With every subsequent child, Niki Kaiser (@chemDrK), secondary Chemistry teacher and mother of three, tells of how her skills and subject knowledge developed and career opportunities grew, and how creative part time solutions supported her leadership journey.
My maternity leave worked to my advantage as I am now working as a Research Lead, a role I would never have even known about, let alone gain the skills for, if I hadn’t had the time I had at home to learn and develop outside of the classroom.
Several factors, however, worked in my favour whilst I was on leave, that might not be the case for other teachers. Firstly, my schools and colleagues were always very supportive of my requests for flexible working. Last year, I job-shared a Head of Subject role, for example. Secondly, my home situation meant that I could afford to work part time when I returned to the classroom.
Before I went on my first maternity leave, I had all sorts of ideas about how I’d spend the time I’d have. I imagined months of sitting, bored, at home, while my baby slept in the corner of the room. I planned to write a paper that I’d had on hold from my post-doc prior to training as a teacher, and to spend lots of time playing the flute and piano.
Then, my first child was born and I was absolutely knocked sideways. He never slept; I struggled to breastfeed; I found everything incredibly difficult to cope with. I was lucky that I never suffered from PND… but I wasn’t happy!
I went back to work when my son was six months old, and teaching was mostly about surviving days after having little sleep, and getting through to the end of each half term in one piece.
Yet somehow, baby number two was born just 20 months after my first child! I’d only been back at work for a term and I was already pregnant again. Whilst I would never complain about this (I have been very close to people who haven’t been so lucky), I felt a tremendous amount of guilt towards my lovely Head of Department and my colleagues, who I felt I would be letting down. I also began to worry that, as my first pregnancy had begun during my NQT year, I would lose any skills I’d gained over my short time teaching.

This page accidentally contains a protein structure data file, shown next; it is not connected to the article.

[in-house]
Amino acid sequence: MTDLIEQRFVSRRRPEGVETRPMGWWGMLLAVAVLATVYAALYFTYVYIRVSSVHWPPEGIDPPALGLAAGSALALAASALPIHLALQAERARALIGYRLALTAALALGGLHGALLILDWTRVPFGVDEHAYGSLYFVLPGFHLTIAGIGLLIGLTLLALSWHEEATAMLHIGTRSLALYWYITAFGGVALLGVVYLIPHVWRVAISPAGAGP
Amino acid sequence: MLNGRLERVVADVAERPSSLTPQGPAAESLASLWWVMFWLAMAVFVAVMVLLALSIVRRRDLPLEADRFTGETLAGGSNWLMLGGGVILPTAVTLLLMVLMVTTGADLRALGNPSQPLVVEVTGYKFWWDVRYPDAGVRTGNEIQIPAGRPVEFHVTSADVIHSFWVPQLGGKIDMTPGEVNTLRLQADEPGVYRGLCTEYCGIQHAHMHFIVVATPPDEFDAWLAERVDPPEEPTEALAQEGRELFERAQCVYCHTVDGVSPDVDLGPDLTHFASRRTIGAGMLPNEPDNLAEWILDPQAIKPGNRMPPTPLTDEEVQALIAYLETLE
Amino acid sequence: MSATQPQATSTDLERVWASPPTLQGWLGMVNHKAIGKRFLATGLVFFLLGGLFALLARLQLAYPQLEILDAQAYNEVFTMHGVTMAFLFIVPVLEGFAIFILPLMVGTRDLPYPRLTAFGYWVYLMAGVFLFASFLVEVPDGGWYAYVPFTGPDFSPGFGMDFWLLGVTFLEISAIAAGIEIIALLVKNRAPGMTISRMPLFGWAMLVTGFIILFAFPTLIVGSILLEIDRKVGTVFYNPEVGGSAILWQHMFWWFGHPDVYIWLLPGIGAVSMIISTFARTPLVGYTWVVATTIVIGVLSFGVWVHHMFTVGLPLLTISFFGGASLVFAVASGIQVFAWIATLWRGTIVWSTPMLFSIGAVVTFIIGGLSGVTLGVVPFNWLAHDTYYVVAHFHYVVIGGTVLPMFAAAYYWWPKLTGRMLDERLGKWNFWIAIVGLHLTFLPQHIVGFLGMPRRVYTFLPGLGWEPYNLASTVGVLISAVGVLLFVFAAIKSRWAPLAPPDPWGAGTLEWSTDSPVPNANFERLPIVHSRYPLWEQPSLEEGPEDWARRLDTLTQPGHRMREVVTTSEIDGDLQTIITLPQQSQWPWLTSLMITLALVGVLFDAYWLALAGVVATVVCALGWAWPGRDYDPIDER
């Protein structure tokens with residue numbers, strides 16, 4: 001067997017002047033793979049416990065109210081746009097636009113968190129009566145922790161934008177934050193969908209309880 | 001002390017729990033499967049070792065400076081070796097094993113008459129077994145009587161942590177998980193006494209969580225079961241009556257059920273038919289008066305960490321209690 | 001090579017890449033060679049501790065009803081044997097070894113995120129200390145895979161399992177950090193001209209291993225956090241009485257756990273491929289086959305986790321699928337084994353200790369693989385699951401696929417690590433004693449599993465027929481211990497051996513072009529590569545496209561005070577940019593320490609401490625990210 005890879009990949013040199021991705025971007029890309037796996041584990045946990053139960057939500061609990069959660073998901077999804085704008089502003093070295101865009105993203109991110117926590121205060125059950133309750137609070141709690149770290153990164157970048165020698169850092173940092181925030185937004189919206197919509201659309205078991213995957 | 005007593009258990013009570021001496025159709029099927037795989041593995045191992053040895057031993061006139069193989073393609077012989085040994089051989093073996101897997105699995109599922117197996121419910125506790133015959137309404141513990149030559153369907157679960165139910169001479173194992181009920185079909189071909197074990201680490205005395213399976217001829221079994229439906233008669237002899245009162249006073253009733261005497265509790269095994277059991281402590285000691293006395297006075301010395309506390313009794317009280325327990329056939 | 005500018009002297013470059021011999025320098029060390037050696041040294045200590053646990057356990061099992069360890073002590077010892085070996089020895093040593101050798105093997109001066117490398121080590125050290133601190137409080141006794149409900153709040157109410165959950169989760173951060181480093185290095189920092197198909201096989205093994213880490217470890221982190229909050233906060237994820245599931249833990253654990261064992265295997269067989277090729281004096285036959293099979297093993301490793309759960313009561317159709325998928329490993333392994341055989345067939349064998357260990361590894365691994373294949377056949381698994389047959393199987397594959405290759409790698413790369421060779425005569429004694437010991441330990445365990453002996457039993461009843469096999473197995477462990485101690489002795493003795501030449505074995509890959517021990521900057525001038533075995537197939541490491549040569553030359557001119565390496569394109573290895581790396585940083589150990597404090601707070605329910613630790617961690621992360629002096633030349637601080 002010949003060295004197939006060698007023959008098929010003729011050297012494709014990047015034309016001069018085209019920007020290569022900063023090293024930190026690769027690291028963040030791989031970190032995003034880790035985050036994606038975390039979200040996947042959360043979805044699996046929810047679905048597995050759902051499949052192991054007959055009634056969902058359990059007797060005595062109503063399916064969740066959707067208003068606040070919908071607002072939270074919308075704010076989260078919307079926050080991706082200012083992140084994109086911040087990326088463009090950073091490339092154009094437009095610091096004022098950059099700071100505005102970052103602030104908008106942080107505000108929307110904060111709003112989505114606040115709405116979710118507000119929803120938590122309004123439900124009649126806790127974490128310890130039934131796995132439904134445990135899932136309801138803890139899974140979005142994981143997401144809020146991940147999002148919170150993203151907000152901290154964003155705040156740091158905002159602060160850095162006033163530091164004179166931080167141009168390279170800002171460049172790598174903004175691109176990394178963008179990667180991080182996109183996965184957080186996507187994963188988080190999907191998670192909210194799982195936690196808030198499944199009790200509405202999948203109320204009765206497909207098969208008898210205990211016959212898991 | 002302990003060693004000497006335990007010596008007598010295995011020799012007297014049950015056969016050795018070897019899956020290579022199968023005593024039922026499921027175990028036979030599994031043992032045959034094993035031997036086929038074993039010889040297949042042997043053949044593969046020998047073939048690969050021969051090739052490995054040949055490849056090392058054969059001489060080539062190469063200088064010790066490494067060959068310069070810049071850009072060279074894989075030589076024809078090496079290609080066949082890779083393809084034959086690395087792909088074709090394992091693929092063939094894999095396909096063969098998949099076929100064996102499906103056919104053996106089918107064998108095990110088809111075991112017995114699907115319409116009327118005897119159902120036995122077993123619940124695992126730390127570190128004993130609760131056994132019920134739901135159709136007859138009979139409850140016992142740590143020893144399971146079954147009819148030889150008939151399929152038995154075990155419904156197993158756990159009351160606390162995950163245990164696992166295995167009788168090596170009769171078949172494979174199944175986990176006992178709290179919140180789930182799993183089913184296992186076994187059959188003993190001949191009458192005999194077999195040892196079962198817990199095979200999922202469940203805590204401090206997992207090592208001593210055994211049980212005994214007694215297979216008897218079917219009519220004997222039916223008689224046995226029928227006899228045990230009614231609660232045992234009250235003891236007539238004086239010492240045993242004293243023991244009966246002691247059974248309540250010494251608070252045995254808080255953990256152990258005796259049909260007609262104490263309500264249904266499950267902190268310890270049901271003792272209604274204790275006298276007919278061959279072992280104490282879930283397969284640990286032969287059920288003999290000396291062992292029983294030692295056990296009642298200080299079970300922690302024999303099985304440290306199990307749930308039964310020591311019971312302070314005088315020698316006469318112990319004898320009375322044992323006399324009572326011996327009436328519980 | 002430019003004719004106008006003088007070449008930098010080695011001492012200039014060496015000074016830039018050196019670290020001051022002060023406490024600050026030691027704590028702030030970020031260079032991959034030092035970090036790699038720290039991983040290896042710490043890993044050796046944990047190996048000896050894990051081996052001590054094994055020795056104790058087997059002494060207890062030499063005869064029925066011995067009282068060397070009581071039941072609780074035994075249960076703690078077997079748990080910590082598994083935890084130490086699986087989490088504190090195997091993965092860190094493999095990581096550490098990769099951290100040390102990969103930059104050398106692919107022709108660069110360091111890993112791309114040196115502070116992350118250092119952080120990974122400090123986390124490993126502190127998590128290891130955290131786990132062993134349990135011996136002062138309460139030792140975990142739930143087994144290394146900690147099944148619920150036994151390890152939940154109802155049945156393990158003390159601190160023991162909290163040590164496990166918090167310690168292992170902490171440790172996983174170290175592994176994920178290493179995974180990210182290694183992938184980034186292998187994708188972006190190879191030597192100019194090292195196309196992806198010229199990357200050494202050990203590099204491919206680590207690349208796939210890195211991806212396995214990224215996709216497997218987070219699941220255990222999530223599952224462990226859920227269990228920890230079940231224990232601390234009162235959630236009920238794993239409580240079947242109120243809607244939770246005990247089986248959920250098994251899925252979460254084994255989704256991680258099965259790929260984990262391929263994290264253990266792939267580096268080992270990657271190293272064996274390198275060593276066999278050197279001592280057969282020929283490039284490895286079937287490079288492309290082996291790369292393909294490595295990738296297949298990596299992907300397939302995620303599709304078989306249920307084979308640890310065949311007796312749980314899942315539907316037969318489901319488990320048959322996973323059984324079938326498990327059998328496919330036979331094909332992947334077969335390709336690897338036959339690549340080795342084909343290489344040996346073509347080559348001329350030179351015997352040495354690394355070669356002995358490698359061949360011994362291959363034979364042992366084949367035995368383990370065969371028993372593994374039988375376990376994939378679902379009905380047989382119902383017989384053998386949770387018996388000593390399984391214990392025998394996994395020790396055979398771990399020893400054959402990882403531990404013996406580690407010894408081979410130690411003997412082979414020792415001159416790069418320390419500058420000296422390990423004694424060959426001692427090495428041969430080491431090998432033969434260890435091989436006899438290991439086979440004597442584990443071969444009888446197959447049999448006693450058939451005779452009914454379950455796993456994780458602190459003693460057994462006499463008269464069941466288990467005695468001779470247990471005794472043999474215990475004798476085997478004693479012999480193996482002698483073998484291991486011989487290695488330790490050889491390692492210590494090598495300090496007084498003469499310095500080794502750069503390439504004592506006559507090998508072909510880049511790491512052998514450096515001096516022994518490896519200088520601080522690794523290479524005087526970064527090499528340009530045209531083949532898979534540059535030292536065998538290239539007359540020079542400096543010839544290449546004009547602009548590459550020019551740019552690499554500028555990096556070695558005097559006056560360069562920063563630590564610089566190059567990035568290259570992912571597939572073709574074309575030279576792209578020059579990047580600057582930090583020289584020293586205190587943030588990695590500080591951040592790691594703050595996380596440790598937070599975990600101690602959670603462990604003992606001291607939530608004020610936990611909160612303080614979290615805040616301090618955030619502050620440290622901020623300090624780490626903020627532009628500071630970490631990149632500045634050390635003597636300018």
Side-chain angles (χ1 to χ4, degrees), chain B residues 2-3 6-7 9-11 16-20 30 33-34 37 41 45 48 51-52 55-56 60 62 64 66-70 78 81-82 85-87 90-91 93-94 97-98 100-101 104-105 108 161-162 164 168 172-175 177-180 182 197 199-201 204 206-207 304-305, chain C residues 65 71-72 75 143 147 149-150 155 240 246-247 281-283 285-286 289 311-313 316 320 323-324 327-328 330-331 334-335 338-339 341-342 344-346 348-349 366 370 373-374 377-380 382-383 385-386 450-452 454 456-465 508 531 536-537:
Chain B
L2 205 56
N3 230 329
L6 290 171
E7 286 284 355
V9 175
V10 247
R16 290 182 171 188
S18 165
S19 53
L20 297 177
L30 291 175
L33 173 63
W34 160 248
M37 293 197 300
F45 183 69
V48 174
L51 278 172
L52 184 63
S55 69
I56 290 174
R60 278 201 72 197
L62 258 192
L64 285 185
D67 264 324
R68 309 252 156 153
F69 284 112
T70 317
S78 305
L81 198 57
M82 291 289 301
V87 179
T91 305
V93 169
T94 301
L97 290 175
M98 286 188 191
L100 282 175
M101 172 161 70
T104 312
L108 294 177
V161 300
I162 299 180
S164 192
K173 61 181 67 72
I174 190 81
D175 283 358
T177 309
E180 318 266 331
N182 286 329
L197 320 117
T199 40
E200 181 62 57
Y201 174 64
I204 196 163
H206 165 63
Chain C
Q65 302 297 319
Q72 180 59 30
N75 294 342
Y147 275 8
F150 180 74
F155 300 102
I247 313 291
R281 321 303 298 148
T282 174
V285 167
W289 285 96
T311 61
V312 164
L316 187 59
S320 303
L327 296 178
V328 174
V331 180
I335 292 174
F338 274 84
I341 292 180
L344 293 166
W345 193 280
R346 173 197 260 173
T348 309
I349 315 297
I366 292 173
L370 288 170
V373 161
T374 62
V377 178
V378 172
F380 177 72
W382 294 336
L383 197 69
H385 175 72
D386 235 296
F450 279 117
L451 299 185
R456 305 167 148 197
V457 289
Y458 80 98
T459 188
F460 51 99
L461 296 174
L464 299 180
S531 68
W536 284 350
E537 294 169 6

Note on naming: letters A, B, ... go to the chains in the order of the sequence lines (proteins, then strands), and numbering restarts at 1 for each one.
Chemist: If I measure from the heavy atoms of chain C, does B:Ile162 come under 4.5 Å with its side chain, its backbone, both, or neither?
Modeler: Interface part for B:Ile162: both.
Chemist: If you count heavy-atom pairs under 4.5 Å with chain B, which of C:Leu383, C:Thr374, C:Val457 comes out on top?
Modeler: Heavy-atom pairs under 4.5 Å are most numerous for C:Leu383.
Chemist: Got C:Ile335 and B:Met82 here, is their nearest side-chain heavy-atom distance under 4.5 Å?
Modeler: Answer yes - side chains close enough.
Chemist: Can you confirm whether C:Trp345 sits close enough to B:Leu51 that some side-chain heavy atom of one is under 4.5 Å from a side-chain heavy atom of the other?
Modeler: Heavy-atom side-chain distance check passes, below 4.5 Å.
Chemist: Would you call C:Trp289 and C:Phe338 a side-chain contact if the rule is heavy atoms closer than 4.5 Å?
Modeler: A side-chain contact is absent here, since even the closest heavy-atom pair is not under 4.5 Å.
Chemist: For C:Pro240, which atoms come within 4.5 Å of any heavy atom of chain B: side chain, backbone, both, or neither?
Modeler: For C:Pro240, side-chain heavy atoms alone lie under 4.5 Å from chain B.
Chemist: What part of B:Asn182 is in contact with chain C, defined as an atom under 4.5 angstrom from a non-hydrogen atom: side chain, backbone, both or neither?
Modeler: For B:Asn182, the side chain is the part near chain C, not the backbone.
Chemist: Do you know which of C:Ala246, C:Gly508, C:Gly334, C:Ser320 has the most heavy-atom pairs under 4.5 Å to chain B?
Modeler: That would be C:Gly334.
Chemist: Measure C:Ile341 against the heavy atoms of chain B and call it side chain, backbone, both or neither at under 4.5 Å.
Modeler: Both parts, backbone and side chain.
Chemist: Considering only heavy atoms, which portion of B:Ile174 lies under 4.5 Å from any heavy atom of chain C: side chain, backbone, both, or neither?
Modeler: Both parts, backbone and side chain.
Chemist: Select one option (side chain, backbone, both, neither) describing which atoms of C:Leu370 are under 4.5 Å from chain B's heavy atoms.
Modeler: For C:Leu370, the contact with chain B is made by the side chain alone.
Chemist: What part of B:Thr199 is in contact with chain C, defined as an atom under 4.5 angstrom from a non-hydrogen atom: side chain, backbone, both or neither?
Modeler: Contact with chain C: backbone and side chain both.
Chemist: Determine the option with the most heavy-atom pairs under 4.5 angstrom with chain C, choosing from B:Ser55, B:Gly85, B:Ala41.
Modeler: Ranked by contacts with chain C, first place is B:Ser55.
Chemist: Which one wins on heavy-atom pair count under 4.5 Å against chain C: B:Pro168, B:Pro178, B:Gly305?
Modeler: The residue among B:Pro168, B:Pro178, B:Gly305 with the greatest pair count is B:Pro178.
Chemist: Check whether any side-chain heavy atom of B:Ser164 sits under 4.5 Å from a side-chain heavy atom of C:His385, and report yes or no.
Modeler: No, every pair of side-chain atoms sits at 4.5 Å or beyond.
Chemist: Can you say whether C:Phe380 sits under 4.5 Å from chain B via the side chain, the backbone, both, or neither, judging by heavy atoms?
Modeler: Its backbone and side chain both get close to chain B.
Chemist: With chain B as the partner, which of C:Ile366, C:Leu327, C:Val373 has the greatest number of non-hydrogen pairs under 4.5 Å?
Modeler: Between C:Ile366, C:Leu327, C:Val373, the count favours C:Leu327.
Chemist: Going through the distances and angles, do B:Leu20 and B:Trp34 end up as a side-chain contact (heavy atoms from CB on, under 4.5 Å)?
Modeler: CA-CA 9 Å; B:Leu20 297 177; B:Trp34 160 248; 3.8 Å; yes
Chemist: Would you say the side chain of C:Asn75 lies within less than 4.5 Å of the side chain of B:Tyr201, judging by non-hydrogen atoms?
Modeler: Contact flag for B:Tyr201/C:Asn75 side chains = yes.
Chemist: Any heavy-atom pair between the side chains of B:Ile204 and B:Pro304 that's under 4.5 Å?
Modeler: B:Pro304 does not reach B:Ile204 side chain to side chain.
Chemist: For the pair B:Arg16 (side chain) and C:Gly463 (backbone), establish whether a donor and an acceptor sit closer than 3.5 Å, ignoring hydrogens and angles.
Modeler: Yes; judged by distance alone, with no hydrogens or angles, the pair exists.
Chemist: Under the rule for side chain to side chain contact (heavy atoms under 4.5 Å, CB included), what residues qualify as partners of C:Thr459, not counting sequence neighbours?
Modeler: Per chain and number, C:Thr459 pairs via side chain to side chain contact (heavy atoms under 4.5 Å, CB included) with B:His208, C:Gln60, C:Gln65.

Having “two under two” was full on. I coped a lot better this time with the lack of sleep, and the breastfeeding happened very easily this time, but despite the exhaustion, I began to crave chances to really use my brain in ways that weren’t connected to my gorgeous children. I began to ‘talk’ to people online on parenting sites, and to read science articles via Twitter.
Baby number three came along when Baby 1 was just starting school. Life was very busy: one child at school, one child at home, one newborn baby, but I had begun to use Twitter more and more to talk to fellow educators. One of these was Prof. Simon Lancaster at UEA. He sparked an interest in my for flipped learning, and I made a few screencasts using a trial version of Camtasia to use the next year when I was teaching. I had some direct tips from Simon (e.g. optimum length for a screencast and how to cut of the ‘fluff’), and you can hear my baby in the background of some of the screencasts, which I still use with my students today!
This time to reflect, research and make contacts was invaluable. I returned to work with new-found confidence, and a definite idea of the direction I wanted to move in, career-wise.
Last year, I job-shared a Head of Chemistry position, and put many of these ideas directly into practice. For example, I ran a Science Journal Club for students, and helped students practise for the RSC Chemistry Olympiad competition. This year, I am working as a Research Lead within the school, and I have been involved with putting together a reformed CPD programme for staff. I also recently started a school blog site to collect T&L ideas from colleagues.
I had already been adding blog articles to the school bulletin for a couple of years now, and I had started a Journal Club for colleagues (now a Reading Group), but I wouldn’t have known there was even such a thing as a Research Lead before I started to see what other people were doing via Twitter and Edu-blogs. The time spent interacting with people during (and then after) my maternity leave was truly transformational. Seeing what other people were doing gave me the confidence to see the Head and ask him to create the role for me.
None of this would have been possible without the reading and online networking that began whilst I was on maternity leave. Perhaps I would have done it anyway, but I would say that precious time at home with my children certainly didn’t hold me back.